Cognitive behavioral therapy can benefit nearly any person who is experiencing acute or chronic pain. Patients achieve the most when they:
Believe in the process. When dealing with pain, many patients are hesitant to talk to a professional. A therapist may think their problem is “all in their head.” This is not the case at Summit Healthcare Pain Clinic. We incorporate CBT into our services because patients need to feel listened to.
Participate actively in their treatment. One of the advantageous aspects of CBT is that it rewards patients for their investment in their healing. Doing homework and being present and involved in weekly sessions is necessary for optimal pain relief.
Complete their program. CBT does not work in one visit. Results come from attending weekly sessions, doing homework, and following the recommended action plan.
Practice. CBT teaches new skills. For these skills to become integrated, they must be practiced. For pain management, skills may include changing thinking and responses to pain. This can be practiced even when pain is absent. The more new skills are practiced, the easier they are to recall when needed.
Have an open mind. Cognitive behavioral therapy is most successful when the patient is open to changing their way of thinking.
How does cognitive behavioral therapy for pain help pain?
The last thing a person wants to hear when their body is aching is “it’s all in your head.” People who live with chronic pain often fear that they will be told this. Chronic pain is very real. Cognitive behavioral therapy does not intend to change this perspective. Therapy acknowledges the reality of pain first and foremost. It then questions and changes the negative thoughts and behaviors that coincide with that pain. Studies have shown that, even when pain stays the same, the coping skills and awareness learned in CBT can change the perception of pain, thereby diminishing its intensity or hold over one’s life.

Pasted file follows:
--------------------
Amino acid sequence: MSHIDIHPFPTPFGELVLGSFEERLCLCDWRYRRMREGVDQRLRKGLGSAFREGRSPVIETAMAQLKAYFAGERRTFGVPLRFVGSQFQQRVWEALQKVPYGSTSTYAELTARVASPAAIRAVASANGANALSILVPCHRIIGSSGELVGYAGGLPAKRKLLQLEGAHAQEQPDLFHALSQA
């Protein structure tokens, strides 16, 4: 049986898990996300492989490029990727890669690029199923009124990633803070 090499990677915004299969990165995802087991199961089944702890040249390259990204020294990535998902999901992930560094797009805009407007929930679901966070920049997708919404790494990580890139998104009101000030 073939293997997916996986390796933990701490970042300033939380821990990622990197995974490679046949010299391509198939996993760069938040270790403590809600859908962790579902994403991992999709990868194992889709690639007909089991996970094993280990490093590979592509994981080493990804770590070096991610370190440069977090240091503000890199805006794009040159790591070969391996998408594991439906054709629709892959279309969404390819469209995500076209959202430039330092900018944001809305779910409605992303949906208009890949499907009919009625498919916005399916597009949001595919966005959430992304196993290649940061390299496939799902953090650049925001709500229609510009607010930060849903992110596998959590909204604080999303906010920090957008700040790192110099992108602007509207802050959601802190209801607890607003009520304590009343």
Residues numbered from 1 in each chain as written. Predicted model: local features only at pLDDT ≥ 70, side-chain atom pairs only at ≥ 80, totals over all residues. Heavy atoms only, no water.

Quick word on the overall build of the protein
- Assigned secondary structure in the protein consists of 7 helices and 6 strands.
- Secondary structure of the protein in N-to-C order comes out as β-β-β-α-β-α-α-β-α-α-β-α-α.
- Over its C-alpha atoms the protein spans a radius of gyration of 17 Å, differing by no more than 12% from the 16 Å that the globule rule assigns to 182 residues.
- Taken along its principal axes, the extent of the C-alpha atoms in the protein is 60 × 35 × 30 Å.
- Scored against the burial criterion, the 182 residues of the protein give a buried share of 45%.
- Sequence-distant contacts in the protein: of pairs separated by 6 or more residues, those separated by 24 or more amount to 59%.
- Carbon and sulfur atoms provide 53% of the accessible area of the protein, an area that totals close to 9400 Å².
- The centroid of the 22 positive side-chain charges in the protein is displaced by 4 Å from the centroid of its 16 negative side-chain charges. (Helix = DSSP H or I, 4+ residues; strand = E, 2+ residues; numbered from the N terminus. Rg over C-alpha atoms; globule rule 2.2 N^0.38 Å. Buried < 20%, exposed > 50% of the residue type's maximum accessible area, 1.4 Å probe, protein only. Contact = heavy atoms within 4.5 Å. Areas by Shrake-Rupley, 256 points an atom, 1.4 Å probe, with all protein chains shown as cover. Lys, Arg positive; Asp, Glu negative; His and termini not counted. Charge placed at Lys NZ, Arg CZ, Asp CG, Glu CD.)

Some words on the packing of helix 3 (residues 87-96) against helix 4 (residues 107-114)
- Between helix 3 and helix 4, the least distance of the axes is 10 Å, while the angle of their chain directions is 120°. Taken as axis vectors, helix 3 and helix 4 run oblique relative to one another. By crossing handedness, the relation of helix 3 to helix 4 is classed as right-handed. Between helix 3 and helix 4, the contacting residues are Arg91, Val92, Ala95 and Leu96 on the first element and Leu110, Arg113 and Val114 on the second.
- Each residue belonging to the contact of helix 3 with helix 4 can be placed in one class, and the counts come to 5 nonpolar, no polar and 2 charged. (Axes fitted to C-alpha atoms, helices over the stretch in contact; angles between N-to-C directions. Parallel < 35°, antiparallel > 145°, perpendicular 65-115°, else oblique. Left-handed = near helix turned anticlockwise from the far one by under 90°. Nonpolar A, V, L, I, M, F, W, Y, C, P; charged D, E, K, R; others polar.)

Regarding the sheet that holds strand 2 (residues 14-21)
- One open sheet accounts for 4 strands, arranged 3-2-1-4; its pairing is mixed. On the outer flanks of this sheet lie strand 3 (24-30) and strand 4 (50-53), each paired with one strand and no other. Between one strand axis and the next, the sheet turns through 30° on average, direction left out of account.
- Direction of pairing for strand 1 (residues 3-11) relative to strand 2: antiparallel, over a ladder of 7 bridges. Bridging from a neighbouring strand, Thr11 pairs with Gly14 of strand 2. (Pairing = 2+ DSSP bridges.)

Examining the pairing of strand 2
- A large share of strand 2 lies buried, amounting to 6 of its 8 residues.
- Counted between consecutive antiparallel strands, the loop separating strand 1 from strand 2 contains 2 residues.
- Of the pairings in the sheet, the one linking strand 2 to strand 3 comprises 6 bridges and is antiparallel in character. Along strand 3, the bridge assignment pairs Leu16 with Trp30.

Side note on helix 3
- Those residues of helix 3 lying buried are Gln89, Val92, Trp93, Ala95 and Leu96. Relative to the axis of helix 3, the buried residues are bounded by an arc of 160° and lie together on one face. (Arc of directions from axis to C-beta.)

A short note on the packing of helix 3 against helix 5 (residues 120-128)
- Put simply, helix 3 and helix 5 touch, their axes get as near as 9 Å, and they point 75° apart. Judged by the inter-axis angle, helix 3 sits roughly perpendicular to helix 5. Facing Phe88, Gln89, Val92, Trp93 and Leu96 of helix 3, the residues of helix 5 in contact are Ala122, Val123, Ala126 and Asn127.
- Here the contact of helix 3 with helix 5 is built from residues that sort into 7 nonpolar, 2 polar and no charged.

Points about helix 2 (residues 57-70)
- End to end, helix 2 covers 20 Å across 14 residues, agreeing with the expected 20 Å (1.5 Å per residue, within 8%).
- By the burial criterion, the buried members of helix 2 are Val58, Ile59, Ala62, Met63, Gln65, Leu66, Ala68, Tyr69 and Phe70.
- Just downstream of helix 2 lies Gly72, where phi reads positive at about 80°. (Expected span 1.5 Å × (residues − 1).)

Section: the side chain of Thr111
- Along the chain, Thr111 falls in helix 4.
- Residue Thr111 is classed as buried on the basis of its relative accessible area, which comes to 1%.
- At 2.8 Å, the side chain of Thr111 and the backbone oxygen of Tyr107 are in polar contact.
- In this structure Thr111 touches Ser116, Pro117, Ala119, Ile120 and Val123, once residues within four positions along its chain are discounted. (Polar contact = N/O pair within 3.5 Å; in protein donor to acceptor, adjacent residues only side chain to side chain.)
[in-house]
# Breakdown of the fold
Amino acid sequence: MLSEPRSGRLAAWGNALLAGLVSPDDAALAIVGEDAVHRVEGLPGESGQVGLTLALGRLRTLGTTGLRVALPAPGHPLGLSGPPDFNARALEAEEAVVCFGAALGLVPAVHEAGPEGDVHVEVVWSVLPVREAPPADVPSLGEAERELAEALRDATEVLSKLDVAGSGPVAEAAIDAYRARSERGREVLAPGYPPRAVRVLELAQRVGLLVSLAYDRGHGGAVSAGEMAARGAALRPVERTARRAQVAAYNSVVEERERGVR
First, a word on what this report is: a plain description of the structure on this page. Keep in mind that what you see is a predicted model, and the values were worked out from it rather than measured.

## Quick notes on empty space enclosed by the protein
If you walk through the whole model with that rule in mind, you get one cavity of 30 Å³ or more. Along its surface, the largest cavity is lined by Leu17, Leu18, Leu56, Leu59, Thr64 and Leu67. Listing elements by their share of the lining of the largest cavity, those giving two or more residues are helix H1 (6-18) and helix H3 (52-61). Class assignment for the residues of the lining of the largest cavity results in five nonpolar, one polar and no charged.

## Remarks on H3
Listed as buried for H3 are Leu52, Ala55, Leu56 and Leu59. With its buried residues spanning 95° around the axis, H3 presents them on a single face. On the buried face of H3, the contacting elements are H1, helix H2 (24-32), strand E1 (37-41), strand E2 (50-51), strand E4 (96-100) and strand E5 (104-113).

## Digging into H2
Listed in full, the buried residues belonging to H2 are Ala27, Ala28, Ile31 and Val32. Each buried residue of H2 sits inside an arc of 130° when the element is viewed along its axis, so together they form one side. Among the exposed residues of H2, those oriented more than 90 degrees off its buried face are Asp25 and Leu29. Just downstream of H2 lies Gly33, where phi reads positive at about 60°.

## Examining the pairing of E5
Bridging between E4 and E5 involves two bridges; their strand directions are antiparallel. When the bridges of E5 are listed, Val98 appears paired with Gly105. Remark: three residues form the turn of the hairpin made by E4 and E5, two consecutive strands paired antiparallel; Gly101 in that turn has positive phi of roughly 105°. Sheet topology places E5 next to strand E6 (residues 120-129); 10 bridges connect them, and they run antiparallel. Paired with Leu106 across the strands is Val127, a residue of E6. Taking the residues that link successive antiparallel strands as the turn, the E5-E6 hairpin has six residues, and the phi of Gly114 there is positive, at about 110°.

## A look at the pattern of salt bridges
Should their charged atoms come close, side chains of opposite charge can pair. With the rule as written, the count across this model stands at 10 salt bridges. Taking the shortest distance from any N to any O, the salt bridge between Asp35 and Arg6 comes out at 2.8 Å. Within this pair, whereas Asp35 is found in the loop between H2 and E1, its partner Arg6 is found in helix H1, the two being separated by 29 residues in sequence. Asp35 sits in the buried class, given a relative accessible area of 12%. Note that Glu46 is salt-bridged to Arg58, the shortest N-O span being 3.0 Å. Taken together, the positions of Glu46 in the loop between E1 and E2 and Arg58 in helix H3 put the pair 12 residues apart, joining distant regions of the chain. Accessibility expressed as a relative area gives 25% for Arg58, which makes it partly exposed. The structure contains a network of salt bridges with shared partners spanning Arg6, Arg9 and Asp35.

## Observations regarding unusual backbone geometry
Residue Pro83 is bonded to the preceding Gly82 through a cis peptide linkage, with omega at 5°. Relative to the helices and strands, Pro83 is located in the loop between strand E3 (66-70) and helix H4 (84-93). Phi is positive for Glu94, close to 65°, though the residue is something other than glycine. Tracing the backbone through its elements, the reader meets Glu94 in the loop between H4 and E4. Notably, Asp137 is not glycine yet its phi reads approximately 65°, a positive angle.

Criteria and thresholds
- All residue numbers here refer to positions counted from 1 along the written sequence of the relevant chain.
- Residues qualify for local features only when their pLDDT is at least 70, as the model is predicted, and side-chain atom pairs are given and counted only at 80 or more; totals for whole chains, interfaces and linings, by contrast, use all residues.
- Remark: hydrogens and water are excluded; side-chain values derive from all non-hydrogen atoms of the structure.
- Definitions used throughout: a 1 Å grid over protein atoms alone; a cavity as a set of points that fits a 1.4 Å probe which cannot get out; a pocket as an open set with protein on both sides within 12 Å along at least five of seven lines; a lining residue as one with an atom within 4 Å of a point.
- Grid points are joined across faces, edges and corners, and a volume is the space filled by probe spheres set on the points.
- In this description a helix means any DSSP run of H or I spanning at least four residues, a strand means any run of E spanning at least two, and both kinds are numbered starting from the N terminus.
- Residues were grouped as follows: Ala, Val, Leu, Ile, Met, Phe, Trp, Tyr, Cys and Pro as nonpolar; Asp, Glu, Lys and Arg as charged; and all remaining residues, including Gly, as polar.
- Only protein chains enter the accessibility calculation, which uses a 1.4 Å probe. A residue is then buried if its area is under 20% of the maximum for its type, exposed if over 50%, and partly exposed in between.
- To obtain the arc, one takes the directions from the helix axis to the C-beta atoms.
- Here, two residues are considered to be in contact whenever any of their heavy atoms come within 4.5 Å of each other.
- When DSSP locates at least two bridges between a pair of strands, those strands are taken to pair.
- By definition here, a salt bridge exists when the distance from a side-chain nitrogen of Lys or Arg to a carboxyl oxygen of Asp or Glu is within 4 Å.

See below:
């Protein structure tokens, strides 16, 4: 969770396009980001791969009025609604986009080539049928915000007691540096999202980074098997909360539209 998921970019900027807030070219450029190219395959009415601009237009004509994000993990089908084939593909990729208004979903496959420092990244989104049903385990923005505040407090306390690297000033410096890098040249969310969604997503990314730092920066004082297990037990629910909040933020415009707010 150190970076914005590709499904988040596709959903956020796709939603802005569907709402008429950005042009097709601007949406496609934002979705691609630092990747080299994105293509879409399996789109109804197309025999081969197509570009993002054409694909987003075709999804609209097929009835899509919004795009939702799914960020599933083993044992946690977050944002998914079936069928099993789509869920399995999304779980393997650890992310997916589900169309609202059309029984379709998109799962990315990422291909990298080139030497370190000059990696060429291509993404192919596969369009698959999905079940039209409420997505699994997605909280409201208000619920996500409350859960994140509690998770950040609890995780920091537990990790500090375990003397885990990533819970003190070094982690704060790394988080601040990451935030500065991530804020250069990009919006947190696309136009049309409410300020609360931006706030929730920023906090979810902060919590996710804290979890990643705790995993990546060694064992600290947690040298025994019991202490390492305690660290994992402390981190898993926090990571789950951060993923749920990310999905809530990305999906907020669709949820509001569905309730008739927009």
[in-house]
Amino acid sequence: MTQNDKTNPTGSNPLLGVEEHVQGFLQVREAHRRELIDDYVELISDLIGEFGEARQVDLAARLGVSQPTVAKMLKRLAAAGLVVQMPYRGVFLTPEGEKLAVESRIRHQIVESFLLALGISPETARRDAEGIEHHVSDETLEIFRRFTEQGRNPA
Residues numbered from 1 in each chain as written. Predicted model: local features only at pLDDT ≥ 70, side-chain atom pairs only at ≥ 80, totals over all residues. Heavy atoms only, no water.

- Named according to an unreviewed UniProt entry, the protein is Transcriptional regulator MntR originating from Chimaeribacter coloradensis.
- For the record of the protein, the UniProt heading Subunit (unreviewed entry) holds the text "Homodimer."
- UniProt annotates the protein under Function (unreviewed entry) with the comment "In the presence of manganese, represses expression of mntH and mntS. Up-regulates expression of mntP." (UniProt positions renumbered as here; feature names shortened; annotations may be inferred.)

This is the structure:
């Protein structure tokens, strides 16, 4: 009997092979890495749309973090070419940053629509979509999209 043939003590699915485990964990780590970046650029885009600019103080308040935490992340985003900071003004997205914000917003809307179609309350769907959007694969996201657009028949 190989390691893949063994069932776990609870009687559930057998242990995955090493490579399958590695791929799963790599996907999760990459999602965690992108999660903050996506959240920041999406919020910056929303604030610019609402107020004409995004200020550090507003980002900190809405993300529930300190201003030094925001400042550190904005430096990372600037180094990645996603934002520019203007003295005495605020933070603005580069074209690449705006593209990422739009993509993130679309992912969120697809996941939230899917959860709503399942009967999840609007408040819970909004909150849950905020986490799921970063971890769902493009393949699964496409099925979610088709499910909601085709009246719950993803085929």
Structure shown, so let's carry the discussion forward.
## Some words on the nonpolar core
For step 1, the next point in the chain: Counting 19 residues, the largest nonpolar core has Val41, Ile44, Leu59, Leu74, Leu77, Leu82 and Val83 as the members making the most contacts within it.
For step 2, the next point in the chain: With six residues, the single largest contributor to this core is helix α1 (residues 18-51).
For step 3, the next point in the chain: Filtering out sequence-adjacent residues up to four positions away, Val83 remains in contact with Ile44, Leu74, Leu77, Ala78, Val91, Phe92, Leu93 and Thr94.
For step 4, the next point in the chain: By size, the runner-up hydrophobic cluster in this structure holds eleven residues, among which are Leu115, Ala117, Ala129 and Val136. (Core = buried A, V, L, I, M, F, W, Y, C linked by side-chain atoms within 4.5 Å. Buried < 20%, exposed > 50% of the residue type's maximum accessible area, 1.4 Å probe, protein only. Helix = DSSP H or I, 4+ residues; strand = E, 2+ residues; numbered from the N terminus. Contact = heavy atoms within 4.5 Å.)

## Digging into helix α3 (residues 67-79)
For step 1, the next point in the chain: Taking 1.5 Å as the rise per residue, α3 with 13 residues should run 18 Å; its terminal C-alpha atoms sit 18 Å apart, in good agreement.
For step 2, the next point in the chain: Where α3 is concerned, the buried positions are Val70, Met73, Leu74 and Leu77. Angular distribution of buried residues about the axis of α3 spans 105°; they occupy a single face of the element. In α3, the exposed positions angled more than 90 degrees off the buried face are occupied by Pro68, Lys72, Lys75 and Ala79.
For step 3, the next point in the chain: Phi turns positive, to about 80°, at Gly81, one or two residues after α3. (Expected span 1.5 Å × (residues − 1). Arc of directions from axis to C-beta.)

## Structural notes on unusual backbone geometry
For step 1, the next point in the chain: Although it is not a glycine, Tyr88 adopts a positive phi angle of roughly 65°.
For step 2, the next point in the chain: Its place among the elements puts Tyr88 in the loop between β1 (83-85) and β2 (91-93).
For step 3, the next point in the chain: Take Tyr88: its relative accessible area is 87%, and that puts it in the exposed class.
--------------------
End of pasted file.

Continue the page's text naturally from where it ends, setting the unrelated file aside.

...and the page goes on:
Cognitive behavioral therapy can also help the pain by changing the physical response in the brain that intensifies pain. When pain arises, stress occurs. When the brain senses stress, the production of serotonin and norepinephrine changes, making the pain more noticeable. The skills learned in CBT reduce the stimulation that affects these chemicals, thereby improving the body’s natural pain relief response.
results Of cognitive behavioral therapy for pain
Cognitive behavioral therapy is often prescribed as an adjunct to other forms of pain management, such as massage, physical therapy, and medication. Studies indicate that CBT is often one of the most effective methods of pain management even among these other methods. In control-group studies, CBT nearly always performs as well or better than clinical treatments.
side effects of cognitive behavioral therapy for pain
As a nonsurgical, drug-free method of treating pain, cognitive behavioral therapy has very few risks and side effects. Because deep emotional work may be done during weekly sessions, patients may find that they feel more physically and emotionally drained for a day or so after seeing their therapist. Rest and good hydration help the body process emotions more freely, decreasing this sensation of fatigue.